Book Review: Morgan Goes To Sleep, by Richard Fairgray, Tara Black and Terry Jones

cv_morgan_goes_to_sleepAvailable in selected bookstores nationwide.

This is the second of this trio’s wonderful, slightly surrealist picture books that I have reviewed. The first, Morgan Goes To Nowhere, focuses on a child’s perception of a common phrase: “Where is the toy? It can be found. So it must be ‘Nowhere’. Where is ‘Nowhere’? Can I catch a bus there? Is it a long way?”

In this book, Morgan continues his journeys into the world of his own interpretations. He goes to a place called ‘Sleep’, tunneling under the bedclothes to a land that’s constructed from the comments and throwaway lines that adults make every day: “Get to bed”. “Settle down”. Go to sleep”.

But where exactly is Sleep? On his journey, he meets a number of well-known characters, including the wonderful Sandman, Yawning Teddies, and a machine that makes ZZZZ’s. He also visits a ‘farm’ with the terrain of a patchwork quilt, to count sheep. This is a wonderful and familiar little story, with accurate, simple but subconsciously layered illustrations.

My 3-year-old loves the Morgan stories because, like in the Donovan Bixley books such asThe Lookie Book, she sees more and more every time she ‘reads’ it. Each bedtime, she makes new discoveries – about the concepts and the myths around counting sheep, or the snoring ZZZZ’s. And she asks about these ideas, too, making the book a catalyst for further engagement.

A simple book like this, home-grown but universal, is a far better artifact for your child’s book case than a mainstream movie spin-off. And like Maurice Sendak’s In The Night Garden it has just a little of that dangerously wacky inventiveness that inspires re-reading again and again…and again.

Reviewed by Tim Gruar

Morgan Goes To Sleep
by Richard Fairgray, Tara Black and Terry Jones
Published by Square Planet
ISBN 9780473290771

Book review: Blastosaurus by Richard Fairgray and Terry Jones + giveaway

cv_blastosaurusAsk your local bookshop about this book today.

A six foot tall mutated triceratops from the year 69, 211, 821 BC roams both the present and future in order to find four other humanoid dinosaurs, the Raptors, and bring them to justice for their murders and crime. Of course his mission would come easier if he wasn’t a towering green skinned man with horns. Though even with this setback he manages to go forward and fight for his goal, which along the way involves three young human allies, monsters, robots, an interfering Police force and panicked civilians.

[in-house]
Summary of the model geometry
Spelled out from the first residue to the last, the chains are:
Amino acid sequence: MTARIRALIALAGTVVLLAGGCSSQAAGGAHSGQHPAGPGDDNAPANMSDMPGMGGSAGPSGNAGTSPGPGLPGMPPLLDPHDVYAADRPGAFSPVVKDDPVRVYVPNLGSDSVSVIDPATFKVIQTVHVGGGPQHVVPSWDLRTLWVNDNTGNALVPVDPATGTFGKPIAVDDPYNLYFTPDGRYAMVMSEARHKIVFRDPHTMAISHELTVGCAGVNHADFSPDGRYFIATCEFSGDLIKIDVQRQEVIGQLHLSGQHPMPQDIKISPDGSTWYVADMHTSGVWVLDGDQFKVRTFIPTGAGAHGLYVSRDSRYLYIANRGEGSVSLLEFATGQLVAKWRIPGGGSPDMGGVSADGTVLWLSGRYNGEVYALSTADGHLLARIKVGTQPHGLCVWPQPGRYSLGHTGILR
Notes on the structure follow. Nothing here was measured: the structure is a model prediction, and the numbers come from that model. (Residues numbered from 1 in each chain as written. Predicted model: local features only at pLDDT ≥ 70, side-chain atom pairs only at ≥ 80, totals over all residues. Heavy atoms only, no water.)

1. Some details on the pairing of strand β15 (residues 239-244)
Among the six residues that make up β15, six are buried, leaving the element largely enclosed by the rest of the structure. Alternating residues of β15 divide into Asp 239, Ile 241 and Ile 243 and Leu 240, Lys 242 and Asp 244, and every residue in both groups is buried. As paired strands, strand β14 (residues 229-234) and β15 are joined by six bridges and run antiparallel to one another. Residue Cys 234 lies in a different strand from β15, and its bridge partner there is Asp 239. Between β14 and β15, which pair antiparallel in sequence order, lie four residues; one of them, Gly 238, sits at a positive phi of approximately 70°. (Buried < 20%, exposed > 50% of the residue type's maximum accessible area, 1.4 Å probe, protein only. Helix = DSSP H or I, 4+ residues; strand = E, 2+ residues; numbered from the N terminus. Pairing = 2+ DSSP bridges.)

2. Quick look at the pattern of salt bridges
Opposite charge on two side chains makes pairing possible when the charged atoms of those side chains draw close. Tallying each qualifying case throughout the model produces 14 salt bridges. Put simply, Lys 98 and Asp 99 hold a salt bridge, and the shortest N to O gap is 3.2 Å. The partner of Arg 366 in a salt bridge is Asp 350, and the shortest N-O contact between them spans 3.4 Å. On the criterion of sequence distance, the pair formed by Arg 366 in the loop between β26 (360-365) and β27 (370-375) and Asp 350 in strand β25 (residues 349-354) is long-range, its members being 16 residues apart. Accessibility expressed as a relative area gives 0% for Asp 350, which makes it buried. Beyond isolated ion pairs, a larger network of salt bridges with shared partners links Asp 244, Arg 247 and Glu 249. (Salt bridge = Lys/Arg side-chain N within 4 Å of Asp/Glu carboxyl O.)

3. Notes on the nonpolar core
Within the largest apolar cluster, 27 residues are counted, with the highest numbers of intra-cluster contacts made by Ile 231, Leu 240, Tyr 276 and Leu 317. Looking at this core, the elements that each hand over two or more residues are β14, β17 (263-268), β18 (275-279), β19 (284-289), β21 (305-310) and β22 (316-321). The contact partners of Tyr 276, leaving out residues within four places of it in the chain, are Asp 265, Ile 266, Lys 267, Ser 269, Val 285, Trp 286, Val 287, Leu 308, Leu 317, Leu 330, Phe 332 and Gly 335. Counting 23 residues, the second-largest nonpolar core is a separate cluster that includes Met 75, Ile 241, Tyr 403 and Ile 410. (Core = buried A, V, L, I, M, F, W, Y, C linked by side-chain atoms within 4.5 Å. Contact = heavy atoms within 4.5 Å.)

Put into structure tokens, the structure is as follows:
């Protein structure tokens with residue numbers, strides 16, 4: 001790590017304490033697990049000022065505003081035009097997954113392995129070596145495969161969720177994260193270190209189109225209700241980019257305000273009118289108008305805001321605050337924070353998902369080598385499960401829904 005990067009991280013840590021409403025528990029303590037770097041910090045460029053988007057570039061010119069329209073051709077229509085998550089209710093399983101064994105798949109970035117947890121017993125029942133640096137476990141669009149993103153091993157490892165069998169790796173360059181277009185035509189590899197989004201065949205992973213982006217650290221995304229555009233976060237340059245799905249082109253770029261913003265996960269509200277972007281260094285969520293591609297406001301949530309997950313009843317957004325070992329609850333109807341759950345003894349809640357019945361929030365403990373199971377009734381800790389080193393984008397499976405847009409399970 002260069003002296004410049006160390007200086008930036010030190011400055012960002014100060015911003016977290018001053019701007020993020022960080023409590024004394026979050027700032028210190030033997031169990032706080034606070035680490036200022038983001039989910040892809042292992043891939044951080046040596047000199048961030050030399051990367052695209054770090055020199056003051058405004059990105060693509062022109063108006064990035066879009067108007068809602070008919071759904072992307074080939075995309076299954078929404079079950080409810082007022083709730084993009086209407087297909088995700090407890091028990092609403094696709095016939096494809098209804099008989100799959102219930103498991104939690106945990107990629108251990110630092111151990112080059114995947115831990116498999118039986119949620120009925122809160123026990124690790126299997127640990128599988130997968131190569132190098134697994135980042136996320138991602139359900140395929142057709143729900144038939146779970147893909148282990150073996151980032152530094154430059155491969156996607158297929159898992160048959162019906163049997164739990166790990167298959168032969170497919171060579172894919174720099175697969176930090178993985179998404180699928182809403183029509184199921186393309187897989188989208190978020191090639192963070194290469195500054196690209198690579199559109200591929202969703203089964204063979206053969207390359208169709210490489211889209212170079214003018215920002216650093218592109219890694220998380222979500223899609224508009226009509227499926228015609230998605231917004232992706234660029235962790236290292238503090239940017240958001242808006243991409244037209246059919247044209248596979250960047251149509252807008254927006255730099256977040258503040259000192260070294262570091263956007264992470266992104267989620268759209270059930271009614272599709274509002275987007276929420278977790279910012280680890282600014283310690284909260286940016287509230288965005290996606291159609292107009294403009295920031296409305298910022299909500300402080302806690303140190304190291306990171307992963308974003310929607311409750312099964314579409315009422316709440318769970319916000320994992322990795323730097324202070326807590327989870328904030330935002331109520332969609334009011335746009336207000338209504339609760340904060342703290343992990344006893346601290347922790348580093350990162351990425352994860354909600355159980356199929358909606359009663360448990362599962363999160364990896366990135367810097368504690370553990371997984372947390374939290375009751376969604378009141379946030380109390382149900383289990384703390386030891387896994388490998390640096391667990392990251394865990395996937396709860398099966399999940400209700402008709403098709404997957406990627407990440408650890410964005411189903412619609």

Blastosaurus takes place in three separate time periods, the past, the present and the future. All of which Blastorsaurus travels through in order to avenge his mother who was killed by a gang of four human-like raptors. Both the raptors and Blastosaurus lived natural dinosaur lives in prehistoric times until their genetics were mutated by humans from the future. Using a time travel pod the raptors and Blastosaurus go forward in time to a future city controlled by robots and living under fear of ‘monsters’. This is where Blastosaurus encounters three young adults; Richard, Emma and Alana. A group that goes by the name of ‘freedom fighters’. Angered by the Raptors and how they have managed to turn this city; Freakout City into a chaotic mess Blastosaurus decides to travel to the present day to stop them from causing destruction before they can.

The story is based around the perils of Blastosaurus and the lives of the three children. Richard Greene is the main child and a self proclaimed allie of Blastosaurus. He offers to partner up with Blastosaurus to defeat the Raptor gang. Richard is an imaginative child, who adores comics and the superhero genre. Richard’s other friend is Alana, a level headed if sometimes harsh girl. There’s also Emma and her younger brother Sam. Blastosaurus himself is a dinosaur driven by the goal to find and kill the raptors that killed his mother. He is a stoic character with mostly good intentions in mind.

The art of blastosaurus is great, it’s detailed and has a good colour scheme. Emotion and action is portrayed well on the characters. The settings are also a strong point giving the comic a strong and usually dark atmosphere. The style in both art, writing and story is reminiscent of the absurdities of comic books before the 21st century. The dialogue is straightforward and highlights each character’s emotions and thoughts with ease, it’s also witty and often finds some humour even in dark or upsetting situations.

The people involved in the creation of this text are Richard Fairgray (who is notably legally blind, with only 3 percent of his vision in one eye) – Co-writer and artist, Terry Jones – Co-writer, Tara Black – Colourist, Rob Levin – Editor and Darick Robertson drew the cover with Richard P. Clark colouring it.

New Picture (2)New Picture (3)

Images from Blastosaurus the online version, pages 92 and 159.

It’s always refreshing to see comics created by the hands of talented New Zealanders being published. Comics and Graphic Novels can be often overlooked or overshadowed by other forms of writing. Buying this book (or any other form of comic) will show support to both the authors and the comic industry as a whole and while this book does end unfinished the reader can continue reading the adventures of Blastosaurus online at this link :

I would recommend this book to anyone who enjoys thrilling action based, crime solving adventures (that of course span over a few different time periods).

Reviewed by Brittney Huxford

by Richard Fairgray and Terry Jones
Published by Square Planet
ISBN 9780473220464

Thanks to the publishers we have a copy of Blastosaurus to give away. Leave a comment below and we’ll draw a random winner on Monday, 25 March 2013.